WASHINGTON (AP) — Lawmakers and their aides should use the tunnels between congressional buildings and take other precautions, but there are no specific threats against the Capitol following the Paris terrorist attacks, the police agency that provides security for Congress said in a memo to lawmakers' offices Monday.
In an email to congressional offices obtained by The Associated Press, the Capitol Police wrote that "out of an abundance of caution" people should use tunnels connecting the Capitol with adjacent House and Senate office buildings, a short walk people often make outdoors. It urges those who work for Congress to make sure their offices know where they are.
The email says the Capitol Police have an "increased presence and visibility" on the Capitol complex in the wake of the Friday attacks in France. It also calls on people working on Capitol Hill to report anything suspicious.
"While there currently is no specific threat to the Capitol Complex it will always be an appealing target," the memo says. It says the Capitol Police "continues to be on the highest alert."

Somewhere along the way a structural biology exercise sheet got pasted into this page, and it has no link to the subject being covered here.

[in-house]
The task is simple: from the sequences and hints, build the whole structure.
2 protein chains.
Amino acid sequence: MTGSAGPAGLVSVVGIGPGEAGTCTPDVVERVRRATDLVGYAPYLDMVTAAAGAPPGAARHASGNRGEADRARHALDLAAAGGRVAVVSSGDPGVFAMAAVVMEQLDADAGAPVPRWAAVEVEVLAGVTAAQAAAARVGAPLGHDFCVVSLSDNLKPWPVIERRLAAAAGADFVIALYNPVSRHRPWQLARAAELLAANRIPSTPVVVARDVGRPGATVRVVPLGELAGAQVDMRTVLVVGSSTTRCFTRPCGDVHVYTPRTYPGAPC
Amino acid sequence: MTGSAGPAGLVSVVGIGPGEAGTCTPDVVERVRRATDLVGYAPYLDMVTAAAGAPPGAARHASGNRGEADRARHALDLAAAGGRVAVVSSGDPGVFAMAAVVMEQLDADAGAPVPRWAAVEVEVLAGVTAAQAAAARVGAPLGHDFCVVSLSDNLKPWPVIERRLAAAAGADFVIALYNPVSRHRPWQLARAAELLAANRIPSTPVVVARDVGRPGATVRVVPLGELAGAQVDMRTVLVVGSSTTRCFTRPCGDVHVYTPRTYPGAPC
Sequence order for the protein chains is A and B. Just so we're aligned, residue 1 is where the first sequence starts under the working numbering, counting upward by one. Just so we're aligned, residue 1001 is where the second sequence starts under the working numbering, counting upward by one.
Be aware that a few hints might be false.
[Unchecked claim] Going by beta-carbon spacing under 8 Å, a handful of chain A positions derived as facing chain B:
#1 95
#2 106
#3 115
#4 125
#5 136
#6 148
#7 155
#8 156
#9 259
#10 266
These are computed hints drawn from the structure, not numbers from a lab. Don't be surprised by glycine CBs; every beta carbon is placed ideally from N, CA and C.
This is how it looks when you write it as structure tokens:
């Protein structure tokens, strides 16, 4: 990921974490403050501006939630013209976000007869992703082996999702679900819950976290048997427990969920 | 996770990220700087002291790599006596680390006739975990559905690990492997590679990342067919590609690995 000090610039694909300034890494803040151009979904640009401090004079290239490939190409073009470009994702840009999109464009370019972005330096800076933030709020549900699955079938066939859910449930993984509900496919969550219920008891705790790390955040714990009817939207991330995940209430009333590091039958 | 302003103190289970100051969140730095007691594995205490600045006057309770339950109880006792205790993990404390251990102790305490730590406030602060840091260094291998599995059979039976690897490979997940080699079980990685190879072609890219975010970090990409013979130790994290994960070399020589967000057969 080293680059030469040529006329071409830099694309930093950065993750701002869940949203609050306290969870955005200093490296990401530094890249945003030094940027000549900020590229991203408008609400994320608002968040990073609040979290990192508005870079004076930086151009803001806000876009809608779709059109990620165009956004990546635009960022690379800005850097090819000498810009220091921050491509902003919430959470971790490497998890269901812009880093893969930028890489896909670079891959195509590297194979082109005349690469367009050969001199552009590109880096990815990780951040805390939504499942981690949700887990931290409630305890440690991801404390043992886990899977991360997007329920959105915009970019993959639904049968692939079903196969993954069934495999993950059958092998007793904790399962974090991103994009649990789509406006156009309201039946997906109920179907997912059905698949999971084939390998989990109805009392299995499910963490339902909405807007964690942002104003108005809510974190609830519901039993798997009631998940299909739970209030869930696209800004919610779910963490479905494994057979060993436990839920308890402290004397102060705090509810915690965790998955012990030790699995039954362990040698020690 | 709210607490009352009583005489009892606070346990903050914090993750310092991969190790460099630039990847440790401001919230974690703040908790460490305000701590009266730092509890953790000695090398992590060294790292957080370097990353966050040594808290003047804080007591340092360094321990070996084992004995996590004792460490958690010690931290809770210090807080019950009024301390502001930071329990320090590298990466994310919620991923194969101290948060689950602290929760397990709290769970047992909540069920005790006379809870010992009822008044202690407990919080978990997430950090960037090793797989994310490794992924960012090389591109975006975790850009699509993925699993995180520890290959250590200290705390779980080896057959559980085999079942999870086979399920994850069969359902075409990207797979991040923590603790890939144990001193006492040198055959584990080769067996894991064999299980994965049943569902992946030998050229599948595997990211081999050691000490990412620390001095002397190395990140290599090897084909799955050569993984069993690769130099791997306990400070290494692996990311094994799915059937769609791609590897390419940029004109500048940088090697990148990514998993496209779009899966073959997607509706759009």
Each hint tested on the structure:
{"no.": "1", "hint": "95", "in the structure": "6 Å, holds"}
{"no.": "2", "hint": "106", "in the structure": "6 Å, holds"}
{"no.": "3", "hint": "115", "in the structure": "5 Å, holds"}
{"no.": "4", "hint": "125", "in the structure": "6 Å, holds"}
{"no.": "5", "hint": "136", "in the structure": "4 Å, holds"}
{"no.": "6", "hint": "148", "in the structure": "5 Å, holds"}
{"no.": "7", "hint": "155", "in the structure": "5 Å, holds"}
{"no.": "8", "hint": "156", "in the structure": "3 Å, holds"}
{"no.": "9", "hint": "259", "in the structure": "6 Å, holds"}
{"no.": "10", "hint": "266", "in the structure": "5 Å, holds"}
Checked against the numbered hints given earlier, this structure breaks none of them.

A Capitol Police spokeswoman, Capt. Kimberly Schneider, declined to provide detail about the agency's reaction to the Paris attacks.
The memo was sent the same day that the Islamic State group, which has claimed responsibility for the Paris attacks, released a video showing one its fighters in Iraq vowing to attack Washington.
One fighter says Muslims should strike in the West because the U.S.-led coalition is targeting the Islamic State group in Iraq. Another warns that as "we struck France on its ground in Paris we will strike America on its ground in Washington."